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6 American, 2 Australian cruise ship passengers stranded on African island after Norwegian Cruise refused to let them board



Eight Norwegian Cruise passengers, including a pregnant woman and an elderly man with a heart condition, claim they have been stranded on an African island without money and vital medications after the vessel left port without them.

Jill and Jay Campbell, from South Carolina, said they are stuck on the Central African island of São Tomé with four other American and two Australian passengers after the captain of the ship allegedly refused to let them reboard, according to WMBF.

But a spokesperson for the cruise line claimed the passengers were left on the island “on their own or with a private tour” and missed the “all-aboard time.”

A passenger being kept from boarding the ship. ABC News 4
One couple from Garden City is stranded 5,960 miles from their South Carolina home. Jill and Jay Campbell

“Guests are responsible for ensuring they return to the ship at the published time, which is communicated broadly over the ship’s intercom, in the daily communication and posted just before exiting the vessel,” the spokesperson said.

The Campbells acknowledged there was “an issue” on their tour of the island, and the guide “didn’t get us back” to the ship in time on Friday.

“We were like, our time is getting really short, and they were like ‘No problem, we can get you back within an hour,” Jay recounted telling the tour guide.

He said the tour operator then contacted the cruise ship captain to let them know they would be late.

One elderly passenger who was abandoned. Jill and Jay Campbell

When they reached the port, Campbell said the ship was still anchored, and the island’s Coast Guard took them on a boat to a ship in order to get back onboard.

The captain then allegedly refused to let them board.

Keep up with The Post’s coverage of the Norwegian Cruise debacle

Check out The Post’s tips on what to do if you’re left stranded like the Norwegian Cruise passengers

“The captain could have made an easy decision to turn one of the tender boats back, pick us up, safely load us and then go on the way,” Campbell said.

“They had no port to call for the next day, they were simply going to be at sea.”

They and the others — including a married couple from Delaware, a paraplegic and an elderly man with a heart condition — were left stranded on the island without any of their belongings from the cabin, including money, medicine and necessary travel documents.

Some of the stranded passengers. Jill and Jay Campbell

The Campbells were the only ones who had a Visa card on their person, and had to pay more than $5,000 in food, toiletries and hotels for the group, they told WRAL.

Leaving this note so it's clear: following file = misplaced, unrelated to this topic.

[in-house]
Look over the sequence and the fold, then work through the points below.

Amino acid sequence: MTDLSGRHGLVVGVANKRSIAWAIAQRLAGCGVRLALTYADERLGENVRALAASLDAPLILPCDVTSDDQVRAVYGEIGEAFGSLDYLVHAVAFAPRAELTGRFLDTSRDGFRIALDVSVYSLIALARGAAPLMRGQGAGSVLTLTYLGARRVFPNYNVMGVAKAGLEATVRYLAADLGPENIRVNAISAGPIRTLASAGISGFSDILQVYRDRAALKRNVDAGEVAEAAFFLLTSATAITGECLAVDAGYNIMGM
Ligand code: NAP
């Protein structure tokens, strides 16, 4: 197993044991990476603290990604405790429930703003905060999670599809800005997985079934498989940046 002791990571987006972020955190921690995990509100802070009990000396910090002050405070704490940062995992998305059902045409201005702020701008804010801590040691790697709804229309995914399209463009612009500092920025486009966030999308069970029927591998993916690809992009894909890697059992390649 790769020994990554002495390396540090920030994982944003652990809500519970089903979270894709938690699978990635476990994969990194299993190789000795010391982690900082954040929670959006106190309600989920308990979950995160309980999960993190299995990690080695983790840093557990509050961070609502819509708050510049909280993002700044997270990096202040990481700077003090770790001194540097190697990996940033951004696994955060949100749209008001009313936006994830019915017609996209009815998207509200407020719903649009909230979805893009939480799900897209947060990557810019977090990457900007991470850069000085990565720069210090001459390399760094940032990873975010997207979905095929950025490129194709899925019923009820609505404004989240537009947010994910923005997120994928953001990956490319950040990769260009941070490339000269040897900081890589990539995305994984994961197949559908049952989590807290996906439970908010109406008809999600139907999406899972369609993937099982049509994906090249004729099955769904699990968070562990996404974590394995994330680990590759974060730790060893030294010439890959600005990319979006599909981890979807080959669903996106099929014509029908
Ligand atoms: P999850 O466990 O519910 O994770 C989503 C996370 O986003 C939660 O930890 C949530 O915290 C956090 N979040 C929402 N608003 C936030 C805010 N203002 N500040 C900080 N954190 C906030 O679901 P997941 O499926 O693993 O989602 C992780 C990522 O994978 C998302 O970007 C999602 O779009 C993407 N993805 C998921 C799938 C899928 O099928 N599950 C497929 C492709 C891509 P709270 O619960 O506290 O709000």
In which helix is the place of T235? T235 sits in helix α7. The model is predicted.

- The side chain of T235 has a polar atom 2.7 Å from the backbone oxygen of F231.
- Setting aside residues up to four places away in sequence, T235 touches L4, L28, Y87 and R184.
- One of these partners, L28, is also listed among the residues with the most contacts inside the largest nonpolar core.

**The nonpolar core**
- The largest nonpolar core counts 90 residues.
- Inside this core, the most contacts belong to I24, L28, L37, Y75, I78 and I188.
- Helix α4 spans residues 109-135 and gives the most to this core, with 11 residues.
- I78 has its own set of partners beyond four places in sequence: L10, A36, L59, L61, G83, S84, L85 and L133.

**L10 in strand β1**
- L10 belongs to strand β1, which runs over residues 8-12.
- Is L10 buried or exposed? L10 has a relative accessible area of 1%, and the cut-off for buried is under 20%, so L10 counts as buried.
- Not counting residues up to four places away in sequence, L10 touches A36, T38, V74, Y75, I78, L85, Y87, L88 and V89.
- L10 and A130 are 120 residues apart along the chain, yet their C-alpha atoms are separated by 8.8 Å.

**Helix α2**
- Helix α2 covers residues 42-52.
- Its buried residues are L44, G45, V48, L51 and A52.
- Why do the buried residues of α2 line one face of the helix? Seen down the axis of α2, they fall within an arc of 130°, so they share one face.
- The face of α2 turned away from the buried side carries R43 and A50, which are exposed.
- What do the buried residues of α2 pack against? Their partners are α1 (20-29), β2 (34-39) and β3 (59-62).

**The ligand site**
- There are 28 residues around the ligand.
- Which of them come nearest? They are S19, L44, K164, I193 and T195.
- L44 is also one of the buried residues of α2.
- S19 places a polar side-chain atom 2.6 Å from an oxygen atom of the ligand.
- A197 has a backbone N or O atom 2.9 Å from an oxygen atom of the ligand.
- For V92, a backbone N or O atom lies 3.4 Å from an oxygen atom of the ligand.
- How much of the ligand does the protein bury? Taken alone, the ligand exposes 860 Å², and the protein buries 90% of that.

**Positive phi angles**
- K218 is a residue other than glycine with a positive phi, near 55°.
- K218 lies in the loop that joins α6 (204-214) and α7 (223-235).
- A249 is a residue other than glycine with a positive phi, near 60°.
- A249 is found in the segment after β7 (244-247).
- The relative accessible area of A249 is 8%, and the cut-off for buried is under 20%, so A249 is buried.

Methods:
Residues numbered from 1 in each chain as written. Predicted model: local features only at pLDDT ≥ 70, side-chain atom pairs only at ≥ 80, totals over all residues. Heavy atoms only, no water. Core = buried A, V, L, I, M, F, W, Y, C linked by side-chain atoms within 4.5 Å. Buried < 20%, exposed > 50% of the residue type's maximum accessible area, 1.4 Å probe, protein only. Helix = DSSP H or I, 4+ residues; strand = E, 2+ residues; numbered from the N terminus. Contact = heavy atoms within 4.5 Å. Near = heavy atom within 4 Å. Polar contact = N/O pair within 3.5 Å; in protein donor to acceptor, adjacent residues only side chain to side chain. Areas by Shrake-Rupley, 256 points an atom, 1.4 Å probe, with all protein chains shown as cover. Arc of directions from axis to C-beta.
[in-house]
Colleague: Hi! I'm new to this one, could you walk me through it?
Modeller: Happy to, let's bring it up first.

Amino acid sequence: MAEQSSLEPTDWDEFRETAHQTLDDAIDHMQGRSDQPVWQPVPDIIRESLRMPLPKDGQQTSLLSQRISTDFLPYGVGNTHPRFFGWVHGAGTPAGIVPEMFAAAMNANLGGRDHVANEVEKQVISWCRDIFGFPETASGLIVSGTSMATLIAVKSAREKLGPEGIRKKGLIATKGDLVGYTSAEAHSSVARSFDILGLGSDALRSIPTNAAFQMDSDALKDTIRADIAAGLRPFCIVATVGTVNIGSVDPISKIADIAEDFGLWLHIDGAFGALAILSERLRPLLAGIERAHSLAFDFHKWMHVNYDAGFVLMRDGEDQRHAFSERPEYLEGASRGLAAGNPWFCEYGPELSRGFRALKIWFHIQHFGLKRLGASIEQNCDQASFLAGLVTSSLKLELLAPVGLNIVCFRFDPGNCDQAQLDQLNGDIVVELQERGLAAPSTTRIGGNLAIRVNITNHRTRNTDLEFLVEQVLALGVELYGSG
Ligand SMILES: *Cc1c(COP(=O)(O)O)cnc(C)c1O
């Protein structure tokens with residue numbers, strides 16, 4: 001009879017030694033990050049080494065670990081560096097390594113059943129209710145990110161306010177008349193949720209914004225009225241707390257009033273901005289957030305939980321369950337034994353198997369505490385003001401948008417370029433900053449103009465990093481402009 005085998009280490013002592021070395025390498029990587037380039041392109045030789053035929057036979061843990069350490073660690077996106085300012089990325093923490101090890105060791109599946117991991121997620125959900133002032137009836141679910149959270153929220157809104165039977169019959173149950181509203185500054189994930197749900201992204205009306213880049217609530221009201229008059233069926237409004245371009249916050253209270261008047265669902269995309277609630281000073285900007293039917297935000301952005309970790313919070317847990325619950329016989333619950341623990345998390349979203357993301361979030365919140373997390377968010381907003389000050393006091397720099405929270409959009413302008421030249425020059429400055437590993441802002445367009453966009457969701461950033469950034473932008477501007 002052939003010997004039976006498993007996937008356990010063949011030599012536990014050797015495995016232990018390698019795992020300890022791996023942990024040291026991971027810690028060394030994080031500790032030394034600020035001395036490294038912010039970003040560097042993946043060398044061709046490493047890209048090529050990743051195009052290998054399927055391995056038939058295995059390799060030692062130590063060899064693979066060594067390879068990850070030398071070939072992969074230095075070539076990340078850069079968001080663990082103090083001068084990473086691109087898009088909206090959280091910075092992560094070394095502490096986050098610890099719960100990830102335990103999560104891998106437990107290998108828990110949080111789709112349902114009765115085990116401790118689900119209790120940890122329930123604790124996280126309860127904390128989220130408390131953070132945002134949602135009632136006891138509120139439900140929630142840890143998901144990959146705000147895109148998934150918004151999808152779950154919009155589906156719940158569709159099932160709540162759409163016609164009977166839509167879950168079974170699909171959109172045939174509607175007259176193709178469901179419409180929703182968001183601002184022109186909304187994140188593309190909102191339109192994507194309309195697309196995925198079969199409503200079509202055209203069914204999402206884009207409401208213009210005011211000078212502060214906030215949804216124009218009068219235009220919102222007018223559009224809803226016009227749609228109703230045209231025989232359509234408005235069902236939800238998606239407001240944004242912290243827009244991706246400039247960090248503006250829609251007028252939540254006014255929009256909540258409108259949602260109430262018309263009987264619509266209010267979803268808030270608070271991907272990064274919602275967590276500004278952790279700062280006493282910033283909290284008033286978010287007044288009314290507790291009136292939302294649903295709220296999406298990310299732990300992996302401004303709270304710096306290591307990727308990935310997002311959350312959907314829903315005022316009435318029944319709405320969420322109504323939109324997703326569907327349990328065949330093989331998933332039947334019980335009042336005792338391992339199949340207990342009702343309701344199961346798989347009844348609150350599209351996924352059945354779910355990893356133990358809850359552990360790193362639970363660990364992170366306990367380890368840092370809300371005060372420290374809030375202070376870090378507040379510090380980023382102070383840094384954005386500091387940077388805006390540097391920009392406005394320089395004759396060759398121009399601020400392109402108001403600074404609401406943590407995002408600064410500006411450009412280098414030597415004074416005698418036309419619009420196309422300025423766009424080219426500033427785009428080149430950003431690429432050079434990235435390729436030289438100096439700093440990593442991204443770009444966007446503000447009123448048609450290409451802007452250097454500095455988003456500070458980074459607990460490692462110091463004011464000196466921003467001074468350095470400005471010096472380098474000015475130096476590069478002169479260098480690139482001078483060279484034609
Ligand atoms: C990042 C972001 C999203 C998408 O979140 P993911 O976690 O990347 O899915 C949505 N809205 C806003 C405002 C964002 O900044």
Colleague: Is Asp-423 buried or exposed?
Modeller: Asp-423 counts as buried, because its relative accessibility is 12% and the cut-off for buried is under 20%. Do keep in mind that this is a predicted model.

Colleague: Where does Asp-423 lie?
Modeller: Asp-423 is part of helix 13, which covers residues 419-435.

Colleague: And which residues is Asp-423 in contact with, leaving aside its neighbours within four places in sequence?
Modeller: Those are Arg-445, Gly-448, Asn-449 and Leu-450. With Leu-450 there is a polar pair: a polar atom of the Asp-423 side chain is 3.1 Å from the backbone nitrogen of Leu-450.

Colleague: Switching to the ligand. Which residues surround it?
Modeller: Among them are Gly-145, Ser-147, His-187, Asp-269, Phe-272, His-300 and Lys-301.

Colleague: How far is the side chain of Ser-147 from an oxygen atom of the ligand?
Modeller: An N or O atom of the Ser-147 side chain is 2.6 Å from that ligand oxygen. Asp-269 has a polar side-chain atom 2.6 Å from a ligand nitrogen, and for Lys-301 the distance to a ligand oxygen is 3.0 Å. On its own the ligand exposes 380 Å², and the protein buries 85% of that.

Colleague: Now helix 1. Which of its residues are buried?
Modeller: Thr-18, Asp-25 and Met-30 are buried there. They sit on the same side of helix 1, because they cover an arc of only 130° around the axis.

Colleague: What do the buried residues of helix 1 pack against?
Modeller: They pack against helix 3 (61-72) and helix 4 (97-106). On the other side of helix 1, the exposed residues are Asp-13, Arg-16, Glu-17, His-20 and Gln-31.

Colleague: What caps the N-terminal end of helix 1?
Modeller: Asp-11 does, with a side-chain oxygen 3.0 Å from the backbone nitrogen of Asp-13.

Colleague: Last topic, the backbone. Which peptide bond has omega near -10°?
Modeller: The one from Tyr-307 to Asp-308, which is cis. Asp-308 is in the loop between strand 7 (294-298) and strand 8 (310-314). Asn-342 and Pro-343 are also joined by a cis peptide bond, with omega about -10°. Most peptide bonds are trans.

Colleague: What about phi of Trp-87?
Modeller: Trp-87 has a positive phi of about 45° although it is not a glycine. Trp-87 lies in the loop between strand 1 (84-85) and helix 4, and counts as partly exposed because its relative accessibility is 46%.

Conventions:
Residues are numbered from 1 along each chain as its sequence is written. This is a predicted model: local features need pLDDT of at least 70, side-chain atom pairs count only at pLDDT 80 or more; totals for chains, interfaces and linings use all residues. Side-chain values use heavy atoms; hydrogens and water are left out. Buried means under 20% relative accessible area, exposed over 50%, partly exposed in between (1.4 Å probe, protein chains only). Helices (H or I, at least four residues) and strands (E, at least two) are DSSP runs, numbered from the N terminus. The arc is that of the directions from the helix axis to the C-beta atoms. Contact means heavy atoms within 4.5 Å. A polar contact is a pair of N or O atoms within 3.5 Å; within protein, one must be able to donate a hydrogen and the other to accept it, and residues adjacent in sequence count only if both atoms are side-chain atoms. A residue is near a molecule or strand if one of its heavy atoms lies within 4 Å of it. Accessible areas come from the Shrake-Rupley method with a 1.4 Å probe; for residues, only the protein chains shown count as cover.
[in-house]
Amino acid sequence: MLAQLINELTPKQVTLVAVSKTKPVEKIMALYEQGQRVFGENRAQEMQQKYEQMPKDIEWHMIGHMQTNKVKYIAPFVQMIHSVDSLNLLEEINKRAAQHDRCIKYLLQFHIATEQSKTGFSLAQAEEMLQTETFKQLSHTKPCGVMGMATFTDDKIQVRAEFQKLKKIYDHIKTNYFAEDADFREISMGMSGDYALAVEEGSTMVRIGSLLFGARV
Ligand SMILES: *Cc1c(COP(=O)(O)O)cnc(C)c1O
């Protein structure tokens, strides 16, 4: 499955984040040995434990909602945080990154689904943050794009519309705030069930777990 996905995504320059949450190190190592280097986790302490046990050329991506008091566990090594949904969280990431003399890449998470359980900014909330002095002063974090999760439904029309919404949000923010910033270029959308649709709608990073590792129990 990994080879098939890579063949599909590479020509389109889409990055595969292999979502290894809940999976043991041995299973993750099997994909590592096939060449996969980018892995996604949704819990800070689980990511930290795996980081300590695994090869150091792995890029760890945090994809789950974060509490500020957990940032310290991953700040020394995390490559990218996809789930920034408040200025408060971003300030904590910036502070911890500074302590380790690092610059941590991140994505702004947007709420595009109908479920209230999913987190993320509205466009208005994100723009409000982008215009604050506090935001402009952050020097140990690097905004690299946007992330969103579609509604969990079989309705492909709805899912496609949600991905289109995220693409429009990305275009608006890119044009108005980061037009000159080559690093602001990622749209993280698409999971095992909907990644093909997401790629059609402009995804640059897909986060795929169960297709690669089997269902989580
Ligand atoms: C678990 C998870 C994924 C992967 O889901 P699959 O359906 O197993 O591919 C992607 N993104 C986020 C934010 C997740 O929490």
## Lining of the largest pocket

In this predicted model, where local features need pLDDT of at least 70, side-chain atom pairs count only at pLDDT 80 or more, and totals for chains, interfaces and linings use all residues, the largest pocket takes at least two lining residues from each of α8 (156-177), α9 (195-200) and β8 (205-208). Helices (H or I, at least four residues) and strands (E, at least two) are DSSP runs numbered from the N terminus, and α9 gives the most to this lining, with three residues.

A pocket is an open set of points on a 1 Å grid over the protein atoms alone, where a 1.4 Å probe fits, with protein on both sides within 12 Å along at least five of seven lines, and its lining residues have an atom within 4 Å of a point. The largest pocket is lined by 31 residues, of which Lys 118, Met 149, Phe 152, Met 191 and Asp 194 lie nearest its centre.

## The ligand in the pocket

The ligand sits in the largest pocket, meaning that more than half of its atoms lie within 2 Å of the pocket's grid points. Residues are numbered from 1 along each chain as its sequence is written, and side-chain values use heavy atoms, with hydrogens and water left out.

In an updated statement on Saturday, a spokesperson for Norwegian Cruise Lines noted that “guests are responsible for any necessary travel costs to rejoin the ship at the next available port of call.”

Knowing this, the group had planned to fly to Gambia in West Africa to meet the cruise ship at the port on Sunday.

They then spent 15 hours traveling through six countries to reach the port on Easter, only to find out that the ship could not dock due to low tides, according to WPDE.

The passengers are now heading to a port in Senegal, where the cruise is set to dock on Tuesday.

But doing so is not going to be easy.

Eight cruise ship passengers were left stranded on an African island. AP

“What we looked at was some type of van transportation for eight people, the quadriplegic woman included, driving from here,” Jay told WPDE.

“We have to cross the ferry to get into Senegal,” he added. “We just learned from the gentleman that the ferry hadn’t been working, but he said, ‘No problem, if the ferry is not working, we will get another little boat and then pick up a car on the other side.

“And then once we get on the other side of Senegal, it’s another four hour drive.”

Still, Jay said the voyage is worth it.

“We paid a lot for this trip to Africa, so we hope to make it through the rest of this trip and end in Spain,” he told WBMF.

In its updated statement on Saturday, a spokesperson for Norwegian said they are “in communication with the guests” and have been working “closely with the local authorities to understand the requirements and necessary visas needed if the guests were to rejoin the ship at the next available port of call.”

The Post has also reached out to Norwegian Cruise Lines for comment.

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